Some coastal villages need protection from high tide flooding
Hard engineering Hard engineering options tend to be expensive and short-term options. They may also have a high impact on the landscape or environment. The table shows the most common hard engineering solutions.
Soft engineering options are often less expensive than hard engineering options. They are usually also more long-term and sustainable, with less impact on the environment. There are two main types of soft engineering.
1. Beach nourishment
This replaces beach or cliff material that has been removed by erosion or longshore drift.
The main advantage is that beaches are a natural defence against erosion and coastal flooding. Beaches also attract tourists.
While it can be a relatively inexpensive option it requires constant maintenance to keep replacing the beach material as it is washed away.
The Holderness coast is located in the north east of England. This is one of the most vulnerable coastlines in the world, retreating at a rate of one to two metres a year. There are two causes of the problem.
Strong prevailing winds create a longshore drift that moves material southwards along the coast.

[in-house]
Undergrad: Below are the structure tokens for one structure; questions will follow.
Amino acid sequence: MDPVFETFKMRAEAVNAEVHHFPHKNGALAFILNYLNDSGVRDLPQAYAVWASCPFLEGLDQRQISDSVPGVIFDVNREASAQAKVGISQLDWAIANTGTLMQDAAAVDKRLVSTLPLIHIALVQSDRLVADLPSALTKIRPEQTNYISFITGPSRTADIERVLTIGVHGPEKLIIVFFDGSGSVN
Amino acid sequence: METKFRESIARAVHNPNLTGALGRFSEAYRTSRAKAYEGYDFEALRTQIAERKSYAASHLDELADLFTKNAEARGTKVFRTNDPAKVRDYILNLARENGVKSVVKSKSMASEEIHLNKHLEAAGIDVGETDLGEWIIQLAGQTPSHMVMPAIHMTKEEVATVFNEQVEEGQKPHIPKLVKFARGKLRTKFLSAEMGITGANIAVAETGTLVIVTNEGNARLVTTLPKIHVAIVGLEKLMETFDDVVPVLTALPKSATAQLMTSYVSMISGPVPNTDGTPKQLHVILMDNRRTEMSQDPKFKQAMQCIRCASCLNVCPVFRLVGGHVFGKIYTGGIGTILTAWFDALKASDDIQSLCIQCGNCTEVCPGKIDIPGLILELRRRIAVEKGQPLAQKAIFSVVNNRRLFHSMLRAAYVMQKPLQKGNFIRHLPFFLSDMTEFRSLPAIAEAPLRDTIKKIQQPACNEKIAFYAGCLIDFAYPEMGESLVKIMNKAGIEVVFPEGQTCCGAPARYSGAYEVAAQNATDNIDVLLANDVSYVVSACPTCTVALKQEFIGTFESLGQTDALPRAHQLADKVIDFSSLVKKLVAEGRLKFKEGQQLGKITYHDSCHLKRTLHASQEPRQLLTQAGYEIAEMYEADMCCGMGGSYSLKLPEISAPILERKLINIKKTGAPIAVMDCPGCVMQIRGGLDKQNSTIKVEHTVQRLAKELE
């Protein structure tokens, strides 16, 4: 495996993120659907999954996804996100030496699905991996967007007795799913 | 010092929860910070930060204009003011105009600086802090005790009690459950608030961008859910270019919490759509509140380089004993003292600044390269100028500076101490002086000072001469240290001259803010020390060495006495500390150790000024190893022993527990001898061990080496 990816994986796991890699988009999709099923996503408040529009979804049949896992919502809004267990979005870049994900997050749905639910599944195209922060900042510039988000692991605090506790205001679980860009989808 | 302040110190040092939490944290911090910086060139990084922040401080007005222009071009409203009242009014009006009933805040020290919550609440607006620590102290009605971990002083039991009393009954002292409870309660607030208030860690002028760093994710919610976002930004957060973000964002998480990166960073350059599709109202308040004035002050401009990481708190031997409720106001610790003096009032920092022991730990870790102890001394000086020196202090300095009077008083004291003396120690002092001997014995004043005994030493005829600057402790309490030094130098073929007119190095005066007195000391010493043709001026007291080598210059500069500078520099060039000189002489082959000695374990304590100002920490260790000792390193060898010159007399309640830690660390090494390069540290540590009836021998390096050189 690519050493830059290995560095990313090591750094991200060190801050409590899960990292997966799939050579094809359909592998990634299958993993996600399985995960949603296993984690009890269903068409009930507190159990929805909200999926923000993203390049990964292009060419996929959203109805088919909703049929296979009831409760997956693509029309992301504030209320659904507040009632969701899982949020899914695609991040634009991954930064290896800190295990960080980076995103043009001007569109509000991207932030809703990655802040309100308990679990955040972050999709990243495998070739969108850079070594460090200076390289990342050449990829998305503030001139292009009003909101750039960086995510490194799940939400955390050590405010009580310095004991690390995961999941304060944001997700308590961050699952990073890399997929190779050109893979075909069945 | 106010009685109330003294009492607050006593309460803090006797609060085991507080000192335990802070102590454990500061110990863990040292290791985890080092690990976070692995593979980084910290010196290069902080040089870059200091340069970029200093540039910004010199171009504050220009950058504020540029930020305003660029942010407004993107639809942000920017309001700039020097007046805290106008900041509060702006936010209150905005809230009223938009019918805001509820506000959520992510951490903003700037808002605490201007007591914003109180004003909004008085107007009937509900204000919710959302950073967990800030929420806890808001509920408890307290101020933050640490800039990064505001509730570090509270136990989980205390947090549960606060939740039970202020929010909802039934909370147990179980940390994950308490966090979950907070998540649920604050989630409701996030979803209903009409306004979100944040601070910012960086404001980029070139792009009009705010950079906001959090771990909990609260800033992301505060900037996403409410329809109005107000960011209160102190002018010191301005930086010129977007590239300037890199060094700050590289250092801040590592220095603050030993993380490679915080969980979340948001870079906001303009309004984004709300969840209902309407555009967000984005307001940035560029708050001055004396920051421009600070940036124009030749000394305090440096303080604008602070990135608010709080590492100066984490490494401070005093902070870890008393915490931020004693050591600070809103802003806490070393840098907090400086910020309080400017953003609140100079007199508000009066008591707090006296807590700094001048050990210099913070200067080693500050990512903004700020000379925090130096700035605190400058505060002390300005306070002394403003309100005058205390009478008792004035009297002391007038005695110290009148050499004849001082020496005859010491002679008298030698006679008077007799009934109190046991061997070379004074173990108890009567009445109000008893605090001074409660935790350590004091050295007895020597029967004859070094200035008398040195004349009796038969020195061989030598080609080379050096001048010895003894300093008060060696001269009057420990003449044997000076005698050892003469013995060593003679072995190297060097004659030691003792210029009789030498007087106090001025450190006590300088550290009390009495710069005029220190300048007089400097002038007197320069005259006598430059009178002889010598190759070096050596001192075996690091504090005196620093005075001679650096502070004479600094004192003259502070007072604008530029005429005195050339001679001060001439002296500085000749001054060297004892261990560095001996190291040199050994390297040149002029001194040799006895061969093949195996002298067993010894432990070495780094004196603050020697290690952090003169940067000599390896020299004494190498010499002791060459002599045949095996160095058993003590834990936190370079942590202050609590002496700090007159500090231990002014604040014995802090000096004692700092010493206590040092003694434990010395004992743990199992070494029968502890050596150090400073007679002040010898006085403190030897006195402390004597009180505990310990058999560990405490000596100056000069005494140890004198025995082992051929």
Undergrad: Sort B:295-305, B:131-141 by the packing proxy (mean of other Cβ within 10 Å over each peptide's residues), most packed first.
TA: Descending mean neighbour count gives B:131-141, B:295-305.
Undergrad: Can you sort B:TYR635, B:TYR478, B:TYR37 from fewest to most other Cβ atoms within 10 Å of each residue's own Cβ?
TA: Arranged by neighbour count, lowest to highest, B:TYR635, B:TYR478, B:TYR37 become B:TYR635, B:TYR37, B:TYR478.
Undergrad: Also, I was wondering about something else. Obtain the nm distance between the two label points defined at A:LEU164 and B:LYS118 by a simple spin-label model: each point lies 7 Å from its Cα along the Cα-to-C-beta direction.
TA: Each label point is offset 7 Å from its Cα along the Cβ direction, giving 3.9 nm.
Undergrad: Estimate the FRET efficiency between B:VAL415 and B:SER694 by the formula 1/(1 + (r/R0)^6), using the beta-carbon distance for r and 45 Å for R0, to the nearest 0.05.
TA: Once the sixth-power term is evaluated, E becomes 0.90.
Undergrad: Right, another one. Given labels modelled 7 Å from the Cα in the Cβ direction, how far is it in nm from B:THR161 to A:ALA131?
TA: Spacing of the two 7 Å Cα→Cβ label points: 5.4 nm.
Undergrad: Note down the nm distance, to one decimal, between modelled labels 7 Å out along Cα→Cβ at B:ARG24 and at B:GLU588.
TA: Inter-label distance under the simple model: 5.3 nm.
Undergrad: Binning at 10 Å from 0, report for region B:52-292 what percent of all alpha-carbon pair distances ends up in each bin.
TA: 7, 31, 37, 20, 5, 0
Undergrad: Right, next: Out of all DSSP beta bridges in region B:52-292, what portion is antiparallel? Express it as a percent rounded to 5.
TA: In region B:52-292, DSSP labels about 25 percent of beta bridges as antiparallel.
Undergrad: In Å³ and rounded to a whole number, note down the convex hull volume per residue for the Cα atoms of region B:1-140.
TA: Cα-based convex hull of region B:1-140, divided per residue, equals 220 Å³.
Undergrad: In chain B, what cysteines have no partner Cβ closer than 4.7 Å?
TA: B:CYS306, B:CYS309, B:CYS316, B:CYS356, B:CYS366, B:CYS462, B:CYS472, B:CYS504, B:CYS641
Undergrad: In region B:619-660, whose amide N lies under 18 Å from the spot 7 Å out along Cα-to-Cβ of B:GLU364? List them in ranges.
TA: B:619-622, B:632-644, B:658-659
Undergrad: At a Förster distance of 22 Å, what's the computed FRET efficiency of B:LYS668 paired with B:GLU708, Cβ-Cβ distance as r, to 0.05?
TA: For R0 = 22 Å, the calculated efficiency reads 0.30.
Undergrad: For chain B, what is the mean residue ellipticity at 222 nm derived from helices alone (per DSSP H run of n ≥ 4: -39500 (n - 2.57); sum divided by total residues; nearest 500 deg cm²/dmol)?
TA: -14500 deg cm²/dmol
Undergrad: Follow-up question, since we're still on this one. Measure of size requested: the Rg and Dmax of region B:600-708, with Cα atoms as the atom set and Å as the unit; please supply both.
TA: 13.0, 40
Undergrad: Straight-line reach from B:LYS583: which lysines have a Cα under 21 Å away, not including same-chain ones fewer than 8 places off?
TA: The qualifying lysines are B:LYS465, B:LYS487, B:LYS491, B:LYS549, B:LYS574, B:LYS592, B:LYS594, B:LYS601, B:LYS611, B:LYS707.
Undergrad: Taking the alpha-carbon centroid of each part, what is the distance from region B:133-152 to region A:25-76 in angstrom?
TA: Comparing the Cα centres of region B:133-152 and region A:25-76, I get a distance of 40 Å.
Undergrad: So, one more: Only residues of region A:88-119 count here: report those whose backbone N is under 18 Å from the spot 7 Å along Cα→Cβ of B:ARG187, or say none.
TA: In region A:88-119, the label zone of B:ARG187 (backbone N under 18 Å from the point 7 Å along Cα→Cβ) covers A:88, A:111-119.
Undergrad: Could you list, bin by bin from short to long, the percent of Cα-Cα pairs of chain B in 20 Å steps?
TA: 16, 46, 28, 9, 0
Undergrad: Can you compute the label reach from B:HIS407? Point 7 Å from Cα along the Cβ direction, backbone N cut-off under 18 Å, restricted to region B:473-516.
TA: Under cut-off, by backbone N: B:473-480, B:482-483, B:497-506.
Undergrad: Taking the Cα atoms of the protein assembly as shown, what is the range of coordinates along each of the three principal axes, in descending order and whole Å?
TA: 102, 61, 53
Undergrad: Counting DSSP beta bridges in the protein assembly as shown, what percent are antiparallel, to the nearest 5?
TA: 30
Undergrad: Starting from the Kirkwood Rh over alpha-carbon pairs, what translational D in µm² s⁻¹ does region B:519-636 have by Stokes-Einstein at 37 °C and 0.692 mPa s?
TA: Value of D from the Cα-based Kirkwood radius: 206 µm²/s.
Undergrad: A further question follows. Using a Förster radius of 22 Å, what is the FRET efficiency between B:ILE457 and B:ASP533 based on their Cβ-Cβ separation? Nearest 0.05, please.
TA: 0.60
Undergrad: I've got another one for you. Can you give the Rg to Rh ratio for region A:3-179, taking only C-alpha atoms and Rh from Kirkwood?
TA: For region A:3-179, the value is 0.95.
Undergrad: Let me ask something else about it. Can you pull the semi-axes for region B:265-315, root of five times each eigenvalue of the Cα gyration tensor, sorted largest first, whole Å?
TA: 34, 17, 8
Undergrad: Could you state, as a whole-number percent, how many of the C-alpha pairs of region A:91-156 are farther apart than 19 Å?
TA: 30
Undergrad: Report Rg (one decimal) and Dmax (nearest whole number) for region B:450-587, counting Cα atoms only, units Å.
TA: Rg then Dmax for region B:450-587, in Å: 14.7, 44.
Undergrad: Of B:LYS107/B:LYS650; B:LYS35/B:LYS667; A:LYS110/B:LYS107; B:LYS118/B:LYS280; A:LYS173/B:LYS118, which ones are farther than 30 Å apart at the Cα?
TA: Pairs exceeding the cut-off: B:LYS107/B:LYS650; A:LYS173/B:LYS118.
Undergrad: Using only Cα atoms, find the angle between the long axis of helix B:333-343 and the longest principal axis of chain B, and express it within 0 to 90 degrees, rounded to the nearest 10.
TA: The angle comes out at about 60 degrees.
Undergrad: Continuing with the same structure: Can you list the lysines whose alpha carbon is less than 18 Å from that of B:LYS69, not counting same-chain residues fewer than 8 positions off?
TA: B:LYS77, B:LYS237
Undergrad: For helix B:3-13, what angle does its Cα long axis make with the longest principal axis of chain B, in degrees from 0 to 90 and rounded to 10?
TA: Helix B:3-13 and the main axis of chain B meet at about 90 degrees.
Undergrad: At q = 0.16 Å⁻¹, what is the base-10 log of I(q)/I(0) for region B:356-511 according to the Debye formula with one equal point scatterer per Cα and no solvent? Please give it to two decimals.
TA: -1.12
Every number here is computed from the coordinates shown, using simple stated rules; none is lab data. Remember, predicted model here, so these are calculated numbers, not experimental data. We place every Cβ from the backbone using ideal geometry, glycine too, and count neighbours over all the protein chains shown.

The cliffs are made of soft clay, so they will erode quickly.
The village of Mappleton, perched on the cliff top, has approximately 50 properties. As the cliff is eroded away, the village is under threat.
In 1991, the decision was taken to protect the settlement of Mappleton, along the Holderness coast, south of Hornsea. A coastal management scheme costing £2 million was introduced. This involved two types of hard engineering: placing rock armour along the base of the cliff and building two rock groynes.
The scheme has protected the settlement of Mappleton and the cliffs are no longer at great risk from erosion.
The rock groynes have stopped beach material being moved south from Mappleton along the coast. This has increased erosion south of Mappleton.
This shows that benefits in one area might have a negative effect on another area. This increases conflict between interest groups.